Book Review – Rocks for Crops
In the book Rocks for Crops, agrogeology is defined as the “study of geological processes that influence the distribution and formation of soils and the application of geological materials in farming and forestry systems as means of maintaining and enhancing soil productivity for increased social, economic and environmental benefits,” or as Professor Peter Van Straaten aptly puts it: geology in the service of agriculture.
Professor van Straaten has been one of the leading figures in agrogeology for more than 30 years. He has carried out numerous geological studies investigating rocks in Africa, a body of work that he describes in his book Rocks for Crops (2002). A detailed profile of Professor van Straaten can be read in RTE’s feature Spotlight on Agrogeologist Peter Van Straaten, PhD.
For the novice in agrogeology, Rocks for Crops provides an easy-to-understand, concise summary of the field. The first half of the book lays down the basic foundations, introduces terminology and concepts, and lists specific rocks and minerals used to enhance the productivity and health of soils. The second half of the book goes further in-depth with an overview of the geology of the 48 countries in Sub-Saharan Africa and the minerals found there that could benefit agriculture.
The chapters of the book build on each other, getting progressively further in-depth with the topic. It starts off introducing the state of Africa’s agriculture, the need for productive and sustainable agriculture, and the limitations that farmers face: high costs, low-nutrient soils, and lack of support, working upwards in scale to encompass other developing countries and the tropical region as a whole. Agrogeology is introduced as a potential solution.
Then, the text switches gears to introduce some of the most common agrominerals encountered in the field. Finally, the first part finishes off with practical examples of how agrominerals have been used, such as in greenhouses and nurseries or in large-scale plantations. The chapter also discusses some of the concerns in using agrominerals. These concerns serve as a reminder of the need to use agrominerals carefully to maximize their benefits and to avoid the problems associated with conventional chemical fertilizers.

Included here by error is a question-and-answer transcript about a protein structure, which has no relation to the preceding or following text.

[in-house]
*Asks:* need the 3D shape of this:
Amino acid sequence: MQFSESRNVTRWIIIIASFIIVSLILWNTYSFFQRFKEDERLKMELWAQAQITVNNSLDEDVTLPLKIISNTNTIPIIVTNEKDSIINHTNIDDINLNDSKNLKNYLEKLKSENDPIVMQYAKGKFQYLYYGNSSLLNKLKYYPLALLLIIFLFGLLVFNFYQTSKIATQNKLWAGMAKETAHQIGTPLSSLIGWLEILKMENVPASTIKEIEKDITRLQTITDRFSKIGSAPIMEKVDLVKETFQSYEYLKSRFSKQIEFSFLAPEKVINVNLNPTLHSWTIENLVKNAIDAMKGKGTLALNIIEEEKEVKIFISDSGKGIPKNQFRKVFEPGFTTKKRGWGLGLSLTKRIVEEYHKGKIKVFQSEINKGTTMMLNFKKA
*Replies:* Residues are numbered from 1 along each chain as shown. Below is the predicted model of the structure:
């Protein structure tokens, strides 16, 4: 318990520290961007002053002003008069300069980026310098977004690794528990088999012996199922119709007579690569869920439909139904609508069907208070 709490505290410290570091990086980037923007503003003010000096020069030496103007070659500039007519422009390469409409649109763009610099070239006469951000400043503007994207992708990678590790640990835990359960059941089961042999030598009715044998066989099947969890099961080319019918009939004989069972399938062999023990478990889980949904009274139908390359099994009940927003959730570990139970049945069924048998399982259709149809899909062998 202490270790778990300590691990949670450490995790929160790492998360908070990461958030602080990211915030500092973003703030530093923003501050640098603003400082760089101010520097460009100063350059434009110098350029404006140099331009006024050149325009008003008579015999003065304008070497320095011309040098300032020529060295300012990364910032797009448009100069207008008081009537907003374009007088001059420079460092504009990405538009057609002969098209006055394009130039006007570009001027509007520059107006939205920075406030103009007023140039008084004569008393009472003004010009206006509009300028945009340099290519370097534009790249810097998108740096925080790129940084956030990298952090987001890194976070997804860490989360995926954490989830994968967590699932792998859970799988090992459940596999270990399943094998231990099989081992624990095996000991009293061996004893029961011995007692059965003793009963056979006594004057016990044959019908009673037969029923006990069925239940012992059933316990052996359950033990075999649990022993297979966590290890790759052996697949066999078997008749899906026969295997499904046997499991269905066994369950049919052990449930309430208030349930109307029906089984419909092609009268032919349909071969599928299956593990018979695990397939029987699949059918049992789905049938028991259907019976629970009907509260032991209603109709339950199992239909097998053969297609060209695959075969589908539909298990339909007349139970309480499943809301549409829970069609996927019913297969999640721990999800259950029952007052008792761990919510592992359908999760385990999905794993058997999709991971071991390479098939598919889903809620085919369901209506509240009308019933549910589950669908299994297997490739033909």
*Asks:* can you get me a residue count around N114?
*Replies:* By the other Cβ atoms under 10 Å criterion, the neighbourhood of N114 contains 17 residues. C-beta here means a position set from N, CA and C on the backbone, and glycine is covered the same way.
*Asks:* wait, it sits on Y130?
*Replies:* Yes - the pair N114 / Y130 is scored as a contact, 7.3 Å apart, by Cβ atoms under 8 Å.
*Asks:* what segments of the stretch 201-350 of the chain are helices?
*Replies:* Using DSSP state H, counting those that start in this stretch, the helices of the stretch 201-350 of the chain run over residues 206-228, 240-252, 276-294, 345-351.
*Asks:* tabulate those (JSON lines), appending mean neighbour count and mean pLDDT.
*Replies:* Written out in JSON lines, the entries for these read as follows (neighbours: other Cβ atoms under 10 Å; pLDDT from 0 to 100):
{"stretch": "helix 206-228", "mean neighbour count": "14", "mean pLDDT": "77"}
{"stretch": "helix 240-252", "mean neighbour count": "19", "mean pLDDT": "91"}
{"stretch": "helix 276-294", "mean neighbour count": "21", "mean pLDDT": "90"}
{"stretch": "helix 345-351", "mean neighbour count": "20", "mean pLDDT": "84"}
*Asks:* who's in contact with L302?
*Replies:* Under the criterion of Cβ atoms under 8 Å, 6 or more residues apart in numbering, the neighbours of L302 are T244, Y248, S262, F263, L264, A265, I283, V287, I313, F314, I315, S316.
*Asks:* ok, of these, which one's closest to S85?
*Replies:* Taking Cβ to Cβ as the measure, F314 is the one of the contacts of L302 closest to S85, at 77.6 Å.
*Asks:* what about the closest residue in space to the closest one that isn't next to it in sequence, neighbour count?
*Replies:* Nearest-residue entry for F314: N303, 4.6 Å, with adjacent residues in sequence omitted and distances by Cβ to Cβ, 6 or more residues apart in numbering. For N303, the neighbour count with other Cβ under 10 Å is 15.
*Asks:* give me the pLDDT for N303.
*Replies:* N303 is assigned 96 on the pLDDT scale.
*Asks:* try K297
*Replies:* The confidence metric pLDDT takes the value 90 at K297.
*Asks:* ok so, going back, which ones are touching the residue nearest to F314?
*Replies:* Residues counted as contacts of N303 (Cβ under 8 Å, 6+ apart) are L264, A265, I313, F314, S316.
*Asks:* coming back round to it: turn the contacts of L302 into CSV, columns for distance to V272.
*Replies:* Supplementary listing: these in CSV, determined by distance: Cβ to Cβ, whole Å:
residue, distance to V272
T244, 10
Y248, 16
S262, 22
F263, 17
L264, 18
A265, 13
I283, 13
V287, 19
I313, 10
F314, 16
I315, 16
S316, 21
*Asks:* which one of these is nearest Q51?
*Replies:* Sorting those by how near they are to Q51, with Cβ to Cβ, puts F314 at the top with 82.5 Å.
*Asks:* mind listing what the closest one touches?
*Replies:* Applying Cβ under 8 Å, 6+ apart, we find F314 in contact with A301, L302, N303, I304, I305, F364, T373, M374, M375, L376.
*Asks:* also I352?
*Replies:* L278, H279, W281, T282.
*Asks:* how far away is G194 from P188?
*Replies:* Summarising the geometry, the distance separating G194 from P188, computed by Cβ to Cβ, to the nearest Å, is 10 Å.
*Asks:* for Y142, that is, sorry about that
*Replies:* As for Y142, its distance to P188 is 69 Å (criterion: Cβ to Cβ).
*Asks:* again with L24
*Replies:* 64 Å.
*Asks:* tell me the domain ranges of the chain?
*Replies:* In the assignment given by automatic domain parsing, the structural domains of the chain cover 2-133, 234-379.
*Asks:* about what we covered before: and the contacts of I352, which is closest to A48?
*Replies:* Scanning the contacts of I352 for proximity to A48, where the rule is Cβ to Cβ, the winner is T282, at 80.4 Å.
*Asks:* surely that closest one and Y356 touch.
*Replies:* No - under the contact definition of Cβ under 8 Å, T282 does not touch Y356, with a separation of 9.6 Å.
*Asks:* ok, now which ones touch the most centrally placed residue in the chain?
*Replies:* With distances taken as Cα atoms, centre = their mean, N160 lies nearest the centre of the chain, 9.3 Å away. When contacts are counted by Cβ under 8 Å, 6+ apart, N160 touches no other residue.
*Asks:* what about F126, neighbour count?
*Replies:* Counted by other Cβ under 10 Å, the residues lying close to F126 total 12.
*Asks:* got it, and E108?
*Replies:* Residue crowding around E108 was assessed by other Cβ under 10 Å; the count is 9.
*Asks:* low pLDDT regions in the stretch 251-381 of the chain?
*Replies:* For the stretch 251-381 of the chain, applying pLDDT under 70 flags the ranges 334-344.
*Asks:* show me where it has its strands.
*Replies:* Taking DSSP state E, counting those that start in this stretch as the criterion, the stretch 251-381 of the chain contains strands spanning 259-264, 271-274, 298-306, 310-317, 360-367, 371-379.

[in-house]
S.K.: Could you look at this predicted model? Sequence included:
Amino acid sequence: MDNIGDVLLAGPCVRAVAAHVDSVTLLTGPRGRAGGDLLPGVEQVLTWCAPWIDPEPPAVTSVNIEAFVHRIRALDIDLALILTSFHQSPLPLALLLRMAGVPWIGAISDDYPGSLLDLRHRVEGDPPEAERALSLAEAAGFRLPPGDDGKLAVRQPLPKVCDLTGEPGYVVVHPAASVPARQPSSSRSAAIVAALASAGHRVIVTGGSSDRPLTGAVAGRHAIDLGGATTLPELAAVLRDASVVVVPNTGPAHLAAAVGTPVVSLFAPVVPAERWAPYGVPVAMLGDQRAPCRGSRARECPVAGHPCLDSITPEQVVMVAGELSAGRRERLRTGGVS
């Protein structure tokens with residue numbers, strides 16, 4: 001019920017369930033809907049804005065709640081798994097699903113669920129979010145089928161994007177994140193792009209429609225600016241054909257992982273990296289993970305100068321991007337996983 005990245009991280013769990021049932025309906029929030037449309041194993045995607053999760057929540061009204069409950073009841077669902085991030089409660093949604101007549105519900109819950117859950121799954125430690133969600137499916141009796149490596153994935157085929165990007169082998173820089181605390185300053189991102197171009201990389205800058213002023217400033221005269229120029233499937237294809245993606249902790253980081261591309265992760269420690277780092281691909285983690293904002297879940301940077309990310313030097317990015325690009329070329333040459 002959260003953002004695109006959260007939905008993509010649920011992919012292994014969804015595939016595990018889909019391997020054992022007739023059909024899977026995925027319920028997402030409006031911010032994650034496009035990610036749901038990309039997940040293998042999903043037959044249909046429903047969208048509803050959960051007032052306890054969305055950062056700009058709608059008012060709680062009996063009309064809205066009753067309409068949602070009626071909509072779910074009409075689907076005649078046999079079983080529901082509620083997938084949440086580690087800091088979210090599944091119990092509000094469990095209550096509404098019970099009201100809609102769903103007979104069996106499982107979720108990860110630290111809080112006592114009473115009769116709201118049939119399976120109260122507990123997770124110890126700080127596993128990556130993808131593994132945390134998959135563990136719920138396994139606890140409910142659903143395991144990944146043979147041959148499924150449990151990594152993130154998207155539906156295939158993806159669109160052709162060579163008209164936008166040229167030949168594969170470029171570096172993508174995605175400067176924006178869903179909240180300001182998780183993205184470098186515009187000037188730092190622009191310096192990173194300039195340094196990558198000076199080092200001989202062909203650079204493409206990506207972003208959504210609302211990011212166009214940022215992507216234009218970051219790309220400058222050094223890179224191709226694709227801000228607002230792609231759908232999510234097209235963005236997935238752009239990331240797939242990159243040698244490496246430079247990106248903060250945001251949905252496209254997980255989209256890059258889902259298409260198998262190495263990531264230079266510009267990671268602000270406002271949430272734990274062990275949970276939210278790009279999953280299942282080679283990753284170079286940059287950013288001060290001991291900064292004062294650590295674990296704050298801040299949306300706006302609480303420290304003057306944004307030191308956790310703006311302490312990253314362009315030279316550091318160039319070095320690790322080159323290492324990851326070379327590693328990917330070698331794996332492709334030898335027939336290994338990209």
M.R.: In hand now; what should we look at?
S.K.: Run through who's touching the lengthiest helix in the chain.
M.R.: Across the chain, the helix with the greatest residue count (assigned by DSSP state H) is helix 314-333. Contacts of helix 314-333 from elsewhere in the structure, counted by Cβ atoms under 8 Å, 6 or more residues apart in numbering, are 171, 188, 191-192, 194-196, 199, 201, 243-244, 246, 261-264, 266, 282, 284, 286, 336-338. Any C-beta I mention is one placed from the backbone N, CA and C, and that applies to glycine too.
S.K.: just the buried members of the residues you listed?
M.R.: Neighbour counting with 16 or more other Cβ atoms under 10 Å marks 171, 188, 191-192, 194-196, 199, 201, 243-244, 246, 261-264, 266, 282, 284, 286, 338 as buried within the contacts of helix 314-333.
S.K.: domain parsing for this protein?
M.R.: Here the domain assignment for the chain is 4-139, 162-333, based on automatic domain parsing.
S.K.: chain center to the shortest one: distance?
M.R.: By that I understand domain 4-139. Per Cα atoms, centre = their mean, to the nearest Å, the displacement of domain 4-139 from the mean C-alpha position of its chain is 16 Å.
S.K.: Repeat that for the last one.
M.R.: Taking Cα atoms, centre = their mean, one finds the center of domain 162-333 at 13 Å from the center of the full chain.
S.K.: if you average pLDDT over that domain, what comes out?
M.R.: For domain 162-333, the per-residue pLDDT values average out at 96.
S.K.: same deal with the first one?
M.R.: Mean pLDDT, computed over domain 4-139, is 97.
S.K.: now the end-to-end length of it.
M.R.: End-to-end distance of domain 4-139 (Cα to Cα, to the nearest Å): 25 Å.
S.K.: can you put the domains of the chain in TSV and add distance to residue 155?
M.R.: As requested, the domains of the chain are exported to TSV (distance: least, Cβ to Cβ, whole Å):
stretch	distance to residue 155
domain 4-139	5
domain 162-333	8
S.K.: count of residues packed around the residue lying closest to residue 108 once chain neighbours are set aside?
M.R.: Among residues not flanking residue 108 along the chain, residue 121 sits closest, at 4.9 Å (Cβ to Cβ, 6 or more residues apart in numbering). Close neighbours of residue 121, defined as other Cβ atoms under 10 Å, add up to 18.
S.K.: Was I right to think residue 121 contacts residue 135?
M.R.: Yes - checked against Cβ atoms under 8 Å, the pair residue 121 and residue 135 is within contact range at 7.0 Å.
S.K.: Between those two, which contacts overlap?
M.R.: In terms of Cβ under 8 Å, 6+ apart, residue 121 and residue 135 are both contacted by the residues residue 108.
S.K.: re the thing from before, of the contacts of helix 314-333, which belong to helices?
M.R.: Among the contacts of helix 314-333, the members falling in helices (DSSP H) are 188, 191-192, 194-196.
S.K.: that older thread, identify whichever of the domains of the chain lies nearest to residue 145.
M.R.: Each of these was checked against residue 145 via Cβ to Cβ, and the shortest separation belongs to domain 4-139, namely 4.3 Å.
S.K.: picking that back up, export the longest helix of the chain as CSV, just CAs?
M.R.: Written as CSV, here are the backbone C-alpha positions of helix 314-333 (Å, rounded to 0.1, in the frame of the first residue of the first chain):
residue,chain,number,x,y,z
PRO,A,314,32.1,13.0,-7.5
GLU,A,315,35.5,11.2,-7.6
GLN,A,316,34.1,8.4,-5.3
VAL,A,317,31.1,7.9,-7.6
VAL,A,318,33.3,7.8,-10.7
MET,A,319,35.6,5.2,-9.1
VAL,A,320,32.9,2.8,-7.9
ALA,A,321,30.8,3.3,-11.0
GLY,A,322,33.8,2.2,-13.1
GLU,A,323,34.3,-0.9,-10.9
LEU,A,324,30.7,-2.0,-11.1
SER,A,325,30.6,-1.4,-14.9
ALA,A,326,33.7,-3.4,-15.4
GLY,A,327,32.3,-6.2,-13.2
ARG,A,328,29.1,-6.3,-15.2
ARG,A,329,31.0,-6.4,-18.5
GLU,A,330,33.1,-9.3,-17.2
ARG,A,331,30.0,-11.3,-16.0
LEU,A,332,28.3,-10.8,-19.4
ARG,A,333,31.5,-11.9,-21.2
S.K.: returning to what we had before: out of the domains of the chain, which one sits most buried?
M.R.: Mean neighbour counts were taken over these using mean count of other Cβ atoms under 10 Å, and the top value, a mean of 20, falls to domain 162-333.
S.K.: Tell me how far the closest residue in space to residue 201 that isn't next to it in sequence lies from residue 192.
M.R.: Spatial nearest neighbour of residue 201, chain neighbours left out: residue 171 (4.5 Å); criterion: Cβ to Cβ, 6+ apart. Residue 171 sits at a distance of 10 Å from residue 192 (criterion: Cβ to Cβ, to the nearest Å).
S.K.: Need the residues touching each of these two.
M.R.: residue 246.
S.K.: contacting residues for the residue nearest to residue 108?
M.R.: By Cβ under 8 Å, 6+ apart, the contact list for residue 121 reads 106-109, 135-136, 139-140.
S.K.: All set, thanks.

Throughout the book, Professor van Straaten focuses on Africa, which at the time was his main area of study. The second half of the book contains a short section on each of the countries in Sub-Saharan Africa. Each section presents facts about the demographics of the countries and a map, followed by discussions of the geological outline and a list of the agrominerals in the country.
To conclude, the author presents a positive vision of the application of agrogeology and the potential of agrominerals for the future of sustainable agriculture in Africa.
Since the publication of Rocks for Crops 14 years ago, Professor van Straaten has become one of the mentors of the next generation of researchers. He is currently working with an interdisciplinary group of scientists to further agrogeology in Brazil and the tropics, and he was a speaker at the recent The III Brazilian Rochagem Conference in Pelotas, Brazil. He is continuing to advance our understanding of remineralization and showing us new directions for the cutting-edge research that is most needed now.
Zu Dienle Tan recently graduated from the University of Michigan with a Master’s degree in natural resources and environment. She specializes in conservation ecology and is passionate about biodiversity conservation, agroecosystems and sustainable development.
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